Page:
Teams like the Washington Redskins aren't usually very popular among fantasy football owners.
They have a controversy at the quarterback position between two career journeymen. Once settled, the winner of the quarterback competition will be a player who is expected to "manage the game" rather than a fantasy star.
They also have a crowded backfield of running backs that includes one proven stud who can't remain healthy, and one noted touchdown vulture who may or may not be getting a lot of playing time.
But none of that means that there aren't any fantasy football sleepers lurking on the Redskins' roster.
I participated in three fantasy football mock drafts this weekend, and discovered that several Redskins players have been dropping further than they should in fantasy drafts. Let's go through each position to see if there are any fantasy sleepers on the Redskins' roster.
Rex Grossman wasn't picked in any of the three 10-team mock drafts, and for good reason. Although going 19-for-26 for 207 yards and an eight-yard touchdown pass in the Redskins' first preseason game was a promising start, Grossman will have to first solidify himself as the starter ahead of John Beck, and then prove himself on Sundays before he's considered a decent fantasy option, even as a backup. But keep your eye on Grossman later in the year. He could turn into a good bye week replacement depending on Washington's matchup. But if the totally unproven Beck beats out Grossman for the job, all bets are off.
Other fantasy football sleeper quarterbacks: Matthew Stafford, Matt Cassel, Kyle Orton
Ryan Torain averaged over 12 fantasy points per game in 2010 using Yahoo! public league statistics, and will be the unquestioned No. 1 running back for the Redskins this fall, and yet he's the 38th ranked running back on Yahoo!, and was chosen in only one out of the three mock drafts. Questions about his health will persist and will keep him away from the top of your draft board, but Torain is underrated and will put up big numbers for the Redskins when healthy. That's the very definition of a sleeper. You should be taking him ahead of players who aren't the top choice for their teams, such as Michael Bush and Jonathan Stewart.
While fellow Redskins running back Tim Hightower could turn into a decent fantasy option, he isn't worthy of a draft choice unless Torain suffers further injuries.
Other fantasy football sleeper running backs: Marshawn Lynch, Ryan Grant, C.J. Spiller
Santana Moss is the only Redskins player who was selected in all three of the mock drafts. He’s ranked as the 77th overall player on Yahoo!, and was taken 81st on average in the three mock drafts. Moss put up bigger numbers last year than several players ranked ahead of him, therefore leading us to believe that he may be a bit underrated, but not necessarily to the point where anyone would consider him a sleeper. Why is Moss underrated? I can only assume that the so-called experts are unsure that Moss can continue his productivity with the Redskins’ unsettled quarterback competition. But as D.C. sports fans, we have a slight leg up on the experts because we know something that they might not yet have realized – that Donovan McNabb kind of sucked last year. Whether Grossman or Beck is the starter in Washington, the quarterback position has not been downgraded significantly, and Moss will still be the team’s top target. I would therefore recommend taking Moss ahead of some other secondary receivers who are less consistent for their respective teams, like Mario Manningham and Austin Collie.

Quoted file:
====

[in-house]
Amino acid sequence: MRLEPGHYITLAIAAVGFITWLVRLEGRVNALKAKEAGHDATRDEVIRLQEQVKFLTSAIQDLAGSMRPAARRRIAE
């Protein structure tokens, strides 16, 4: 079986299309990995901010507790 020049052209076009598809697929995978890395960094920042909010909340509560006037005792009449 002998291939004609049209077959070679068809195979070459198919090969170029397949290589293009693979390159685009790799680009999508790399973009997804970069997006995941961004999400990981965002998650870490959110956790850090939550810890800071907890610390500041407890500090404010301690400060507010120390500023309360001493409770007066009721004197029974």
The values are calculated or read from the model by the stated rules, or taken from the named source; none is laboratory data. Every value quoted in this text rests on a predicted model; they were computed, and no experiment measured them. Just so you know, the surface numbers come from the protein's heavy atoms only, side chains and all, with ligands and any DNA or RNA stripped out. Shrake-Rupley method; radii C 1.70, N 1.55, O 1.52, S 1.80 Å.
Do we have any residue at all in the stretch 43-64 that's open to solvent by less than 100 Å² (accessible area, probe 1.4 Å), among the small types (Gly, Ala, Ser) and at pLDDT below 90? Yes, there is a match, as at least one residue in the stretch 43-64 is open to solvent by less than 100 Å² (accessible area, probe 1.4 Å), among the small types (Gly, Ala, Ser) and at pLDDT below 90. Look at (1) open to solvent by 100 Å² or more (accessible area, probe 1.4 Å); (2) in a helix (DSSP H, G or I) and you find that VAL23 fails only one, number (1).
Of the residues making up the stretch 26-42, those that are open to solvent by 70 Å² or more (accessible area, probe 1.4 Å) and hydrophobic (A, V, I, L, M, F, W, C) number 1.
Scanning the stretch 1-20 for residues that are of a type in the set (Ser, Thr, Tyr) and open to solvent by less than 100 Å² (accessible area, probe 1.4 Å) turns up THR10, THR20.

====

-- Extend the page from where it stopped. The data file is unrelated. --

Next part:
Fellow Redskins receivers Anthony Armstrong and Jabar Gaffney are rated much lower on draft boards, and probably aren’t worth taking even in the late rounds. Although one errant fool did take Armstrong in one of the mock drafts (an overly optimistic Redskins fan, no doubt), neither are likely to emerge as sleepers this season.
Other sleeper wide receivers: Mike Thomas, Jacoby Ford, Steve Breaston, Derrick Mason
Chris Cooley is rated 13th among tight ends, which seems a bit low considering he had the seventh highest fantasy point total among tight ends in 2010. We’ll be keeping our eyes on Cooley throughout the remainder of the preseason to see if he can gain back his fitness as he continues to recover from a knee injury. If Cooley is 100%, he’s a starting quality fantasy tight end, and might be a good choice as a sleeper.
Other sleeper tight ends: Rob Gronkowski, Marcedes Lewis